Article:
Guidance on Adjudicating for Bands

As I often hear bandspeople complaining about the lack of transparency in adjudication and whatjudges are looking for, quite simply they just need to read the PAC (performance assessment criteria) document that can be found at the Website for the Association of Brass Band Adjudicators, in the section called "articles and resources"

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Many judges could well disagree with what I am about to say as judging by its very nature is a personal thing. I have found huge differences between brass band players and those that play in an orchestra and this more so outside of the UK. I have also been lucky in that most judging where there has been two or three people in the box has led to very similar if not identical results, but there have been exceptions to this experience and rather bad ones at that.

 What approach should take place?

 Rob Wiffin puts it like this: He follows the “Maslow’s Hierarchy of Needs” approach in that basics come first then intermediate issues then interpretation and delivery and high-level considerations. This straightforward approach should help most adjudicators.

 This leads to more questions.

 What are the basics, generally for me at least they would be; playing together, being balanced, and most importantly making a good sound. You can play all the right notes, but if it does not sound good then what is the point! Balance and ensemble issues often separate out bands but this for me is the essence of band playing ... “to play as one” band means group, gang, crew, it is not about individual efforts except of course when there are solos and cadenzas to judge.

Often adjudicators are rather than looking at what is good, look for what is not good and take points off for split notes rather than give bands credit for what is good. Personally I do not count split notes but if someone is having a bad day and the performance is nervy then this is a factor.

 Often contests outside of the UK will give adjudicators a brief in terms of an accepted points range and what the contest organizers expect from the adjudicators and what they should be listening for. Judges do not necessarily like this, but it does give an element of consistency year on year.

In Sion at the annual solo contest in Switzerland, judges meet on the Friday night and get a training session listening to performances from the previous years and award points and then discuss so that everyone the next day, “sings from the same hymn sheet”. They have 100s of entrants, so this is a necessary approach.

 What do I look for as a band adjudicator?

A band should

Firstly: Play together, with the same articulation and be balanced (to me this means the relevant tunes come out of the various textures. If a band clearly cannot as a group play the piece in front of them then they are not going to score very highly. Also, if they can play the pieces in front of them but not convincingly then again they are not going to score very highly.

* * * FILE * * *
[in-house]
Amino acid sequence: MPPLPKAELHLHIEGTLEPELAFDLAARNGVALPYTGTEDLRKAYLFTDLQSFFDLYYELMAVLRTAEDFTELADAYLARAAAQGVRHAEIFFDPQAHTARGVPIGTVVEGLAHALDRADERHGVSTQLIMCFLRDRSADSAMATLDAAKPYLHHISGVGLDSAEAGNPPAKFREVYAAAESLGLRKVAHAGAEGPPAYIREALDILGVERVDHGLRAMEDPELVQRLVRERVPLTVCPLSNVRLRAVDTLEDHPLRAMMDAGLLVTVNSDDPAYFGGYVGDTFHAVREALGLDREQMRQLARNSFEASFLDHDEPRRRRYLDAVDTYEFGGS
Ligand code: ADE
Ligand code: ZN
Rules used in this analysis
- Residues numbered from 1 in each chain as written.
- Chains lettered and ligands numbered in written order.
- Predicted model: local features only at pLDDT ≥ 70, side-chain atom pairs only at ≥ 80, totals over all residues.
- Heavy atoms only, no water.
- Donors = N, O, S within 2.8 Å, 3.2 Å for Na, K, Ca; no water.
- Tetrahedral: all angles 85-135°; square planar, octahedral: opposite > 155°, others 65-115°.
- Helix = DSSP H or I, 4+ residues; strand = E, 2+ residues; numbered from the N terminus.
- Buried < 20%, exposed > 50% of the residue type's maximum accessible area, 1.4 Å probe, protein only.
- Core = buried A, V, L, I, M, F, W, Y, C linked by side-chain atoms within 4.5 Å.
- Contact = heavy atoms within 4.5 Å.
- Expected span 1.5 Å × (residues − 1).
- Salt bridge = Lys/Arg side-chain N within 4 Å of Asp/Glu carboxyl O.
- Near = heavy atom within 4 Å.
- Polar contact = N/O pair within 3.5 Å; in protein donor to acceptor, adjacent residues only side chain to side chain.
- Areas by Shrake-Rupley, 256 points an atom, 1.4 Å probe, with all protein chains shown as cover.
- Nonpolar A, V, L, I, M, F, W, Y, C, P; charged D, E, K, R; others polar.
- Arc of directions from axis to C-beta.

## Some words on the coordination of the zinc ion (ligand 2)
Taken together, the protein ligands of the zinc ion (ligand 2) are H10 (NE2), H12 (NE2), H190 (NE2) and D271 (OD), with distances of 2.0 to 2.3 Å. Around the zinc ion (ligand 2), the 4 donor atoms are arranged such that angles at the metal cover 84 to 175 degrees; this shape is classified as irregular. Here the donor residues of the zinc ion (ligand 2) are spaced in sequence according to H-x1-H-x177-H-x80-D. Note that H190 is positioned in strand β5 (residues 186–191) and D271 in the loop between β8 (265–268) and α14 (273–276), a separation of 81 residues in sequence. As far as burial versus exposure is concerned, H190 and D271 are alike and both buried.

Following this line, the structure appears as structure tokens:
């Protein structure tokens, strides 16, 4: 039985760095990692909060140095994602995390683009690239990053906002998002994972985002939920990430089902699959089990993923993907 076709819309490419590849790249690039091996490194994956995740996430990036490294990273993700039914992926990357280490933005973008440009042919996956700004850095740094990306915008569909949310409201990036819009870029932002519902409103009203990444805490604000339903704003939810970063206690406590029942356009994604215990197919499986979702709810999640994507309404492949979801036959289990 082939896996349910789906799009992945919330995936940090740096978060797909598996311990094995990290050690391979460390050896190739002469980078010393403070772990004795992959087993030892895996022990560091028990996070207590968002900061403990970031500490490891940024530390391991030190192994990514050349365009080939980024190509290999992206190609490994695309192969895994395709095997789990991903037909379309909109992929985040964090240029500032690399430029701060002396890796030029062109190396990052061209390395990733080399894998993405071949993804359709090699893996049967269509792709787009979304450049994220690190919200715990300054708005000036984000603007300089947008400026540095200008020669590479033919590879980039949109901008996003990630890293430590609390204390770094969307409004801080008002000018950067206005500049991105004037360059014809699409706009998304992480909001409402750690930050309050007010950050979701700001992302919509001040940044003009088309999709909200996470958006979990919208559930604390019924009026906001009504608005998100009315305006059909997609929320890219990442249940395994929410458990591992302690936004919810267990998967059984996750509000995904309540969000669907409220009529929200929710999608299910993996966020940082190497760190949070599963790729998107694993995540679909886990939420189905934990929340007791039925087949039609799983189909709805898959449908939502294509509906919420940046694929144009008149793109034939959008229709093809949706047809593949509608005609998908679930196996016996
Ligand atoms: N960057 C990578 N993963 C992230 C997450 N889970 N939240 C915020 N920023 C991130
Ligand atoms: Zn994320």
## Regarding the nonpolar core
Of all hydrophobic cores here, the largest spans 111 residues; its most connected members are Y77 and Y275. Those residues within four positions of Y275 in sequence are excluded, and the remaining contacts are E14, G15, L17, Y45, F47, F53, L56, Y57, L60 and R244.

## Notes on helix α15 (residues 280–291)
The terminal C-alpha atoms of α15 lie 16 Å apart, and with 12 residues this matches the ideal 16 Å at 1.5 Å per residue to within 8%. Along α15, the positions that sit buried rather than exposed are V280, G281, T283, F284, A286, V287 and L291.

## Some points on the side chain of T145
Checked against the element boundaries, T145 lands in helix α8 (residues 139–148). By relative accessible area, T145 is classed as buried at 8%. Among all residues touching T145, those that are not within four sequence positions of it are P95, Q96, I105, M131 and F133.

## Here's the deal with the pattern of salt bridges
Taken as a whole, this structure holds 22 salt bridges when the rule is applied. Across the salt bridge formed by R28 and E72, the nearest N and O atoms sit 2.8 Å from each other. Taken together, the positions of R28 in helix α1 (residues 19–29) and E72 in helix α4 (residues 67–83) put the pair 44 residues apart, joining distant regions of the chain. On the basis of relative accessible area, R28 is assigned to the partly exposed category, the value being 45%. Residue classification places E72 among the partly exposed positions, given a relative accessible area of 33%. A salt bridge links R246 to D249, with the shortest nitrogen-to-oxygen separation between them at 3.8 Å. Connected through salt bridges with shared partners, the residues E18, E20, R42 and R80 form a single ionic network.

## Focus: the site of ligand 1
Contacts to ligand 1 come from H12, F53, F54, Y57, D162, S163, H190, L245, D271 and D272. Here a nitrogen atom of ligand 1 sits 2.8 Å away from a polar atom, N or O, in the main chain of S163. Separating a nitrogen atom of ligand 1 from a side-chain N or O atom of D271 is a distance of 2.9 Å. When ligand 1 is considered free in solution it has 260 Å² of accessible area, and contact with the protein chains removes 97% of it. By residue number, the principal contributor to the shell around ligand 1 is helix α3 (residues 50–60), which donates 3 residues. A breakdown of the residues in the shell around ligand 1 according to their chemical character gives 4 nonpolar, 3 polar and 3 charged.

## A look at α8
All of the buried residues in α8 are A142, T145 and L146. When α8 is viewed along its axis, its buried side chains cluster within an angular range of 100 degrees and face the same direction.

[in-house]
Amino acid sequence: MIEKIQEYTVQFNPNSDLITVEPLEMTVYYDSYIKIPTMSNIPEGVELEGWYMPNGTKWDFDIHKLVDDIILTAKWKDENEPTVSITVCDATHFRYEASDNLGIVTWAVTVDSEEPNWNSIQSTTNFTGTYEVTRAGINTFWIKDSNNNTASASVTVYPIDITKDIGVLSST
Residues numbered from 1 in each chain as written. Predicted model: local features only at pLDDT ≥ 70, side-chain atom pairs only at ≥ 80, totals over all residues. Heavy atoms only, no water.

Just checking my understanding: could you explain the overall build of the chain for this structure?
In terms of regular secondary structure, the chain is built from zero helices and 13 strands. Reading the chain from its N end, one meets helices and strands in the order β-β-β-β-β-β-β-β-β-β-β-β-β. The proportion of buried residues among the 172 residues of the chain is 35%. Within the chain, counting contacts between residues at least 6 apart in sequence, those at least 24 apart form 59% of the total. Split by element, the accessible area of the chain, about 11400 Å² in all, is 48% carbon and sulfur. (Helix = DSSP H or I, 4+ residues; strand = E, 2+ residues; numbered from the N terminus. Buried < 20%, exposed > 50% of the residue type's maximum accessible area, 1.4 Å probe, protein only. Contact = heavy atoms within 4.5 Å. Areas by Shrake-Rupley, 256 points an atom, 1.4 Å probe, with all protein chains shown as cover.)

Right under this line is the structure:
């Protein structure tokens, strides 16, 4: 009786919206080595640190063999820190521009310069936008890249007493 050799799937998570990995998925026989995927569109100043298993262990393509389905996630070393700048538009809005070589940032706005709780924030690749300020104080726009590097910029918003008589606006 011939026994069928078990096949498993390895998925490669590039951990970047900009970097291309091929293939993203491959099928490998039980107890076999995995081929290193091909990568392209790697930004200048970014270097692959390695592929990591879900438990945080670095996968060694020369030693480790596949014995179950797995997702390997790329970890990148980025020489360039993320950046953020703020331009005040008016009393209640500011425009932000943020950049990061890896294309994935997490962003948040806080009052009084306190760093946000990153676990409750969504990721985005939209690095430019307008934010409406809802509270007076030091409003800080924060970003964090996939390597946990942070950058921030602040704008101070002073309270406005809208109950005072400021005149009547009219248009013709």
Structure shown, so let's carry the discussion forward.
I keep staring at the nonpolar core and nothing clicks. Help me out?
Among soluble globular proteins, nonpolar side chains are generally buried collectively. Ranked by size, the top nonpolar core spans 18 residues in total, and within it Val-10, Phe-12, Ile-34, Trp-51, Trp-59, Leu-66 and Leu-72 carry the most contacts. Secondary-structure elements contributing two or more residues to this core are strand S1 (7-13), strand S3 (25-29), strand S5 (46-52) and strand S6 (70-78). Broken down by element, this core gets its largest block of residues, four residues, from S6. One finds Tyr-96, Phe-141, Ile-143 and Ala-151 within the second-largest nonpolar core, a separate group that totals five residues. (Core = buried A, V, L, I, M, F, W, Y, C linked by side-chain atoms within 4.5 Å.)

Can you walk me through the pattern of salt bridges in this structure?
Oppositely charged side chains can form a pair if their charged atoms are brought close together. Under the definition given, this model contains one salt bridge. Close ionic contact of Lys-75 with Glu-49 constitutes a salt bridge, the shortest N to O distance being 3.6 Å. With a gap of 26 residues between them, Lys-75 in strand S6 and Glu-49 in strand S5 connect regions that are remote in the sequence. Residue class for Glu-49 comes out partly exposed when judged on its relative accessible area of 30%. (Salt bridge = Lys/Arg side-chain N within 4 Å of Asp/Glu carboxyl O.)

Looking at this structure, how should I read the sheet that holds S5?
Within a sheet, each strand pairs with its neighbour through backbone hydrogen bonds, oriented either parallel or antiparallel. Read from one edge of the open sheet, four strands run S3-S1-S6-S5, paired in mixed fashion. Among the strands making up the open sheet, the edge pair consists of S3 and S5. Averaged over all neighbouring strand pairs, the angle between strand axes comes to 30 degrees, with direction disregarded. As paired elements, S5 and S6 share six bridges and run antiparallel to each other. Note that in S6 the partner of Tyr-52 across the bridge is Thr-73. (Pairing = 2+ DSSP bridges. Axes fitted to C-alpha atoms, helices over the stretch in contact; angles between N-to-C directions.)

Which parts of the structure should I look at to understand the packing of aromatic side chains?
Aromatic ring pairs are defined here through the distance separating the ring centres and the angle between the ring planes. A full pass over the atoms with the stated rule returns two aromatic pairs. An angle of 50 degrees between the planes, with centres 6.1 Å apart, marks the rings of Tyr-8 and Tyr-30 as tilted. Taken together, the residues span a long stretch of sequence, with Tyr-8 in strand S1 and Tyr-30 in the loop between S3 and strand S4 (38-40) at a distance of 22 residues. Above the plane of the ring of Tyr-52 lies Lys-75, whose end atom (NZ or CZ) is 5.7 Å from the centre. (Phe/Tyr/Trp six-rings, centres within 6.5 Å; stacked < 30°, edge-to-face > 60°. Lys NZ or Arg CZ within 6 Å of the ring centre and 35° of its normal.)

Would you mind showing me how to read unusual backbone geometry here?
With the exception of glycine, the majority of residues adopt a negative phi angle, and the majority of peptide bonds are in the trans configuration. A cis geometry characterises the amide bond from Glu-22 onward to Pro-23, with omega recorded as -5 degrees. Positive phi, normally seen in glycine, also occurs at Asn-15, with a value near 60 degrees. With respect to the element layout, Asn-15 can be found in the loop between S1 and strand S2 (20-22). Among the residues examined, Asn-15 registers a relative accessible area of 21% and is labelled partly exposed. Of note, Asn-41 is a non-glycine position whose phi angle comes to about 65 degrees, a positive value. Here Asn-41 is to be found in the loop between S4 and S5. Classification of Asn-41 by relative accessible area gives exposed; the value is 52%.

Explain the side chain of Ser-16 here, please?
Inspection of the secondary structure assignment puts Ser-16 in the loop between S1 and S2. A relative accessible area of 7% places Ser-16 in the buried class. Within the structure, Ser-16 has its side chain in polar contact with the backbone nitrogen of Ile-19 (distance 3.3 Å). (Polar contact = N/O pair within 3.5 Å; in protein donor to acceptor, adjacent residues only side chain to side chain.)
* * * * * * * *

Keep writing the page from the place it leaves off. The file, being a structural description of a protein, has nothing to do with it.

Secondly: tuning and intonation issues should be minimal, and the band should have a consistent sound and approach, and should show dynamic, articulation differences and show musical intention regarding phrasing and musical shape.

Thirdly: I want to go on a journey in a performance, I want to be entertained and moved and for a band to stir emotions and for there to be an element of interpretation and tension present. I do not want to be bored!

How much effort will this take?

 The performance ability of many youth bands from hours and hours of graft, may not be achievable with individuals coming together for a short amount of time before a competition but we all know what good playing sounds like and how it is achieved and that it takes regular interaction as a group of players.

 What should judges be thinking about?

 It is important that judges are constructive and tell bands and players what is good, as well as what they need to improve on, and language is very important in achieving this. Remarks need to be straightforward and clear rather than flowery and open to interpretation. Effort should be rewarded but at the end of the day a great leveller is the standard of playing whatever music is being played and however they interpret it.

 What should bands think about when approaching a competition?

 Conductors and players taking the approach of trying to please an adjudicator and play pieces they like or in a way they think they will like can very much back-fire. I suggest bands play to their strengths, play what they enjoy and aim to impress and entertain without becoming tacky. There will be a fine balance, but in the end, a considered thoughtful and sincere approach will always in my opinion do well.